What’s perhaps lesser known however among these efforts from the New Order to rid Indonesia of communism is their treatment of students studying abroad that were associated with the PKI. Those who were accused of being PKI sympathizers were stripped of their citizenship and passports, preventing them from returning back to their home country. This essentially left these students as stateless and stranded in their host country, with no conceivable way of returning to Indonesia without fear of receiving government persecution the moment they land in the country. What’s worse is that due to the heavy presence of the government and especially the military in daily Indonesian life during the New Order, in addition to the marked anti-communist sentiment held by the regime, these exiles even feared sending letters to their families at home, as their family members could be accused of being communist sympathizers as well, simply for trying to communicate with their disenfranchised relatives.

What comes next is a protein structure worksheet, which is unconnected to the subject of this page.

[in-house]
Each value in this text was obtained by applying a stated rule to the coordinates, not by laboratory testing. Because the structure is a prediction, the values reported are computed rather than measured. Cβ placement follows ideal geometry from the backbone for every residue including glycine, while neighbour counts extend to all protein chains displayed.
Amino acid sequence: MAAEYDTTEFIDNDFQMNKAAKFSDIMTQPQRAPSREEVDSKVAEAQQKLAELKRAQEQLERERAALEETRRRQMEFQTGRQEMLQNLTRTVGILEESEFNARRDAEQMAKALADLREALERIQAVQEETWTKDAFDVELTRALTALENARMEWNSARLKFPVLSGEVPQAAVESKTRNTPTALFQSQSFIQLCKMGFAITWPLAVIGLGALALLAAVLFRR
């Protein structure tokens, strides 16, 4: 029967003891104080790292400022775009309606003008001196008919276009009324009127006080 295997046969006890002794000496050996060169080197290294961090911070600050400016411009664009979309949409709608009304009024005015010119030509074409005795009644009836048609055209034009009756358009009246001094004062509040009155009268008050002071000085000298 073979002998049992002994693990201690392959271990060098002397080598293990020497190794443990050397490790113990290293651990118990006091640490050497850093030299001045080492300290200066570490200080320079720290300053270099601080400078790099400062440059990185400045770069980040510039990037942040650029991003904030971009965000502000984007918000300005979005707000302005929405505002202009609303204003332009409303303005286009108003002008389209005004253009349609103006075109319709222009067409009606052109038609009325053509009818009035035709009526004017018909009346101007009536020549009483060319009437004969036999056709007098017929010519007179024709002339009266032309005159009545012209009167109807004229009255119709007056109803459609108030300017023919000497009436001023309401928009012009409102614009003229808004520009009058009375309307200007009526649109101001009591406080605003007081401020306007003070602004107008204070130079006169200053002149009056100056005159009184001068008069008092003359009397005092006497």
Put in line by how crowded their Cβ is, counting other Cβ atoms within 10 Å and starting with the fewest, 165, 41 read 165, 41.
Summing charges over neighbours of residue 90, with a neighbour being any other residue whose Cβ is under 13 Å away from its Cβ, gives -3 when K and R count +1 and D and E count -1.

One of the exiles, Asahan Aidit explaining their fate as exiles that was suddenly forced upon them. (Source: Eksil (the Exile) Official Trailer, Lola Amaria Production)

These are the stories that Amaria’s directorial documentary debut intends to shed light on. However, the movie does not attempt to cover these stories through a comprehensive takedown on all the policies enacted by the government that concerned these Indonesian students studying abroad, but rather it takes on a much more human tone in its style of storytelling. The film centers on the stories of 10 individuals: Hartoni Ubes, I Gede Arka, Tom Iljas, Waruno Mahdi, Asahan Aidit, Chalik Hamid, Djumaini Kartaprawira, Kuslan Budiman, Sardjio Mintardjo, and Sarmadji, all of them students who studied abroad and were unable to return home due to having their passports stripped by the New Order.